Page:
My “Free” Gift – Actually $190 With No Easy Payments!

When Free Isn't Free

When I logged into our Siteground account the other day, a lovely image offering a series of free gifts for the holiday season greeted me.

Screenshot of the "free" gifts from Siteground
“Free” gifts from Siteground – Merry Christmas!

How festive! How generous. I had two weeks to mull them over in my Christmas induced food coma before accepting with abandon. But wait… there’s more. A little too much more, once you excitedly unwrap those babies, tear off the pretty paper and pull them out of the box.

Free Wildcard SSL for 1 Year

SSL stands for Secure Socket Layer. This technology encrypts data to and from websites and should be well on its way to becoming ubiquitous. Even Google has stated that all other things being equal, it will preference sites using HTTPS:// in the search rankings. Read this in-depth article from Neil Patel for further detail.

Screenshot of the free SSL offering. Math seems a bit off...
I’m not too sure about the math on this one.

The promotion was for a Wildcard SSL certificate, which according to Siteground’s own marketing, is targeted towards medium-sized websites including sub-domains. Enough Time To… is not a medium-sized website. It’s a micro- (or nano-) sized website. It appears as though Siteground figured this out on its own, because the next time I logged in, this offer was missing!

Screenshot of the different SSL offers for small, medium and large websites.
Small, medium, large – where’s ETT?

Enough Time To… uses a free certificate from Let’s Encrypt. This initiative aims to make it free and easy for everyone to install SSL certificates, in order to “create a more secure and privacy-respecting Web”. Siteground automatically includes Let’s Encrypt with every hosting account (yay Siteground!). You can use the Qualys SSL Server Test tool to check for correct certificate installation. Thankfully, the Enough Time Machine received an A! A win for users, and a win for us. Excellent. I try to be security conscious when it comes to running around online, and https:// is the way of the future.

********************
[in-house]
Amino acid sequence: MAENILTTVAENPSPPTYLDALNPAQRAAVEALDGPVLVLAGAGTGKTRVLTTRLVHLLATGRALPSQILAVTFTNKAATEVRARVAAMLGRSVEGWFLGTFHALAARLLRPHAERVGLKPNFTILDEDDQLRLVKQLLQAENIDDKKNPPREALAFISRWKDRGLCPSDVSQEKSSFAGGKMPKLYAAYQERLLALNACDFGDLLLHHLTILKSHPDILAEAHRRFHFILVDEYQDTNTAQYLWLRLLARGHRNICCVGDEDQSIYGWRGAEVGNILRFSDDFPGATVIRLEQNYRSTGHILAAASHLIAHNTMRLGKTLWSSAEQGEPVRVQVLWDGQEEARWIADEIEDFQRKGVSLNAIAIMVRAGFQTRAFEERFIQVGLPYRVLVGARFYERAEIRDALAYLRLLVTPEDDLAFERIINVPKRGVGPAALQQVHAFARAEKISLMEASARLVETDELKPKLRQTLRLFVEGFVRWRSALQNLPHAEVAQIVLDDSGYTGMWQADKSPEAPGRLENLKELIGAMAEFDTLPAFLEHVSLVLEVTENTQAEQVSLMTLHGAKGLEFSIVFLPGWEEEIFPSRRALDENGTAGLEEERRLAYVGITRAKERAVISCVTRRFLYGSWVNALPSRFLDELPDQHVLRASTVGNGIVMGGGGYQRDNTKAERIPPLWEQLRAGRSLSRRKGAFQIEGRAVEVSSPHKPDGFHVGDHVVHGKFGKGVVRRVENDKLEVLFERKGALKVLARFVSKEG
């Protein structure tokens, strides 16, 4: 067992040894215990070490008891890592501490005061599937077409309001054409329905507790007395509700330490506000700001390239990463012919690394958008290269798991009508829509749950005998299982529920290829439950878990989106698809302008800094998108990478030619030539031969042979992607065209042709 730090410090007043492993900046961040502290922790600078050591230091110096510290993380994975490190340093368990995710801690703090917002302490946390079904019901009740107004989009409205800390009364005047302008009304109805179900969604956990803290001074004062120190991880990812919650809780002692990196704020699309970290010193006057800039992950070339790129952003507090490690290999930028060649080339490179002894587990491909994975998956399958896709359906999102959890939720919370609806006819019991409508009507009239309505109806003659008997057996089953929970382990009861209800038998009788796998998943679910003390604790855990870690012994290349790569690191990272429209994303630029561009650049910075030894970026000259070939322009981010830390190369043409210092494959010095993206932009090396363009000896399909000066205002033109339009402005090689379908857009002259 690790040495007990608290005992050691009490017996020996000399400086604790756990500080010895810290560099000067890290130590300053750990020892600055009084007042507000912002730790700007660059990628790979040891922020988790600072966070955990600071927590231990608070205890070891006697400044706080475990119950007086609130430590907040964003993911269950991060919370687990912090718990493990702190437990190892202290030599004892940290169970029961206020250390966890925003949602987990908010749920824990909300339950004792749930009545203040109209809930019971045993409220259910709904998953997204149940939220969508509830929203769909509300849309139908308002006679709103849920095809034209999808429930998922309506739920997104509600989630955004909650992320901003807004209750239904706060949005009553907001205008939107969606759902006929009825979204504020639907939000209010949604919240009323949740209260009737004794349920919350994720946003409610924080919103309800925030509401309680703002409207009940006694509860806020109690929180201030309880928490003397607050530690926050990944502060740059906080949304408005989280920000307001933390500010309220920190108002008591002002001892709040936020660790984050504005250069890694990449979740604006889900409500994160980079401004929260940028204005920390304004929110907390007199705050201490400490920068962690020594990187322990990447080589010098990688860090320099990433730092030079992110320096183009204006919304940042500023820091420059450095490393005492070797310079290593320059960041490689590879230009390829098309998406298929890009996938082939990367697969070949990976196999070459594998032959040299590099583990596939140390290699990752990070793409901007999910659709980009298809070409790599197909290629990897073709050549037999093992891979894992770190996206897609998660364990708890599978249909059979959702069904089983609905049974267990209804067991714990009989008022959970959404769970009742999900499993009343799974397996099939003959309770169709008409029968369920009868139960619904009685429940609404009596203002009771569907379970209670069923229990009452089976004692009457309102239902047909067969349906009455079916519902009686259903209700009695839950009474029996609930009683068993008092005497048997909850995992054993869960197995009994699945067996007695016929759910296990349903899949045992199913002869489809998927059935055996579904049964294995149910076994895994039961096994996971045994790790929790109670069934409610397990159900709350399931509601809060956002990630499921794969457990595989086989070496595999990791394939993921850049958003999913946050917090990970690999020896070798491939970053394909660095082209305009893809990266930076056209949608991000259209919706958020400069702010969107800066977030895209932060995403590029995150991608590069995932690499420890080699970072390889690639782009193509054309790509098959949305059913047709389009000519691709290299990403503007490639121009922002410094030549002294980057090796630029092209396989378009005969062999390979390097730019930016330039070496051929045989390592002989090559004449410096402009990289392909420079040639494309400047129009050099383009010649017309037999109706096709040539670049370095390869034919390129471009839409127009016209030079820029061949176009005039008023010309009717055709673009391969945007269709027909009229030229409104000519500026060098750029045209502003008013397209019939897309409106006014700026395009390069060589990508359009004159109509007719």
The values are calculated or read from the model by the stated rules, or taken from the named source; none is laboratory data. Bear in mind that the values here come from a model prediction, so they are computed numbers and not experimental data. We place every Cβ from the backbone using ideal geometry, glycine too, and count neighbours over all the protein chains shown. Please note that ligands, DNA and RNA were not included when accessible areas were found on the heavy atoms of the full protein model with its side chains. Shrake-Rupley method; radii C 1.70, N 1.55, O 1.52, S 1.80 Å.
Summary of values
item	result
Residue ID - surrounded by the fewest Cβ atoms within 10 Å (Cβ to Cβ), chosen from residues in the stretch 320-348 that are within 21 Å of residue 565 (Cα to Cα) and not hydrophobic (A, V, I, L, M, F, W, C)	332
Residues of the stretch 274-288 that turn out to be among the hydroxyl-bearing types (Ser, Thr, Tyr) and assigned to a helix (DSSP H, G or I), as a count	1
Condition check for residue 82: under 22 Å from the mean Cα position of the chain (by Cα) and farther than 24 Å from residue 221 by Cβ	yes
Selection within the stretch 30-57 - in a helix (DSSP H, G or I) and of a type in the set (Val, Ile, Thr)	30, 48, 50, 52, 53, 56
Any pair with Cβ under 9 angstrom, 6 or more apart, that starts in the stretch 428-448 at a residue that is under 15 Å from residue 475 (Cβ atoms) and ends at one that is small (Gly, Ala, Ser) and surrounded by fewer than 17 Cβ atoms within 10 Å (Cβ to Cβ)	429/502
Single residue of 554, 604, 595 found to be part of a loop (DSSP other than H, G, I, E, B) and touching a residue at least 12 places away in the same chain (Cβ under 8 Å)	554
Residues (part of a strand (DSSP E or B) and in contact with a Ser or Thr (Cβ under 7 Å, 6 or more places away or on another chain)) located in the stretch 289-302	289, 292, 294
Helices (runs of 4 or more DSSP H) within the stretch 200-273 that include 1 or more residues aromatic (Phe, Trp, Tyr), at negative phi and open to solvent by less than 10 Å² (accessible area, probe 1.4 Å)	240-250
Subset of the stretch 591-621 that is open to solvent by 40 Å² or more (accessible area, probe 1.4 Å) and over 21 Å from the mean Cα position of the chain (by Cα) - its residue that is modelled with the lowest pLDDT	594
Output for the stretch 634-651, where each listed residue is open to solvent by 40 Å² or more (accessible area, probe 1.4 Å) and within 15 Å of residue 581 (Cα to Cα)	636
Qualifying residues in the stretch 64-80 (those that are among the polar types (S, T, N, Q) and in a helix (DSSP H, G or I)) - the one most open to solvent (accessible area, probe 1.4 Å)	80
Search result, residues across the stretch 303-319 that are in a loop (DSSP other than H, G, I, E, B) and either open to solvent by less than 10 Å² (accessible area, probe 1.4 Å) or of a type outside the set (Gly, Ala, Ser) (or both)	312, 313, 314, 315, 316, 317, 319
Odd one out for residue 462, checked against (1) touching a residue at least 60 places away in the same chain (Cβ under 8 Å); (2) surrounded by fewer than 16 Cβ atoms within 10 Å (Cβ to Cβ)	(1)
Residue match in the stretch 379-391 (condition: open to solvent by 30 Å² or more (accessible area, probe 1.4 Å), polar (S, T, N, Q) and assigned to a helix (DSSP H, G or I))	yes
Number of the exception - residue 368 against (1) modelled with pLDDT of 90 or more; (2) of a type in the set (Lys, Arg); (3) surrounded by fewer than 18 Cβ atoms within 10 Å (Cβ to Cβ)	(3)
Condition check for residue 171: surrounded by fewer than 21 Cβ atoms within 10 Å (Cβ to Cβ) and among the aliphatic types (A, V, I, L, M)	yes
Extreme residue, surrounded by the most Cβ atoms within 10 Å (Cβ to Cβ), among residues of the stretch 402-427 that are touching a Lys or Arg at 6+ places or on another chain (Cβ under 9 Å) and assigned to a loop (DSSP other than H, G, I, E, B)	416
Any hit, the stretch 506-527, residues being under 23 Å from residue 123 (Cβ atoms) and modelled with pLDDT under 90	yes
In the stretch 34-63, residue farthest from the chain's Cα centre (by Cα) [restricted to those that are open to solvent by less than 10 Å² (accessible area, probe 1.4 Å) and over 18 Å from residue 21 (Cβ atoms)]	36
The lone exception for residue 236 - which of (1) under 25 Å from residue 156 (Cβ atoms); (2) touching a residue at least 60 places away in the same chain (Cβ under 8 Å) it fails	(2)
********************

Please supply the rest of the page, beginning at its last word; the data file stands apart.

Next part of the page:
Screenshot of the SSL certificate scorecard, with an overall rating of A.
Our SSL certificate is properly installed and working.

Free Premium Backup for 1 Year

At the moment, I am manually backing up. It doesn’t take long, I have my own schedule, and I’ve also had practice restoring, so I’m good to go. If you are running a blog or a website, backing up regularly is essential. So essential, I’ll say it again. It’s essential. You will need to rely on a backup one day. It may be because hackers hit your website, the server goes down, you install a plugin that freezes your system, or you suffer one of an unlimited number of quirks that can pull your website or blog down. Believe me, you will be grateful that you’ve taken the time to back up.

Free premium backup means an automatic backup every single day with the backups stored for 30 days. It also offers unlimited professional restores. Again, being all about security, that’s a pretty cool offering, thanks. Except: it’s only actually gratis if I upgrade my hosting plan. And while I appreciate all 12 readers of you out there, I’m not at the point where I need to spend $94.05 to continue to fly the Enough Time Machine!

Screenshot of the backup offer.
And… there’s the catch.

Free HackAlert for 1 Year

This represents an extra layer of security for you, my readers. HackAlert scans this blog for malware that may otherwise end up infecting you and getting our website blacklisted. Siteground offers this for free on new account creation, and I appreciate that. I thought that I may be able to extend the service for another 12 months using this holiday offer. They did try to warn me on the front advertisement with the line “Get a new account with free malware detection”. Yup. Only $47.40 to (for some reason) open up an entirely new account. Don’t they know we are a fleet of a single ship at this point?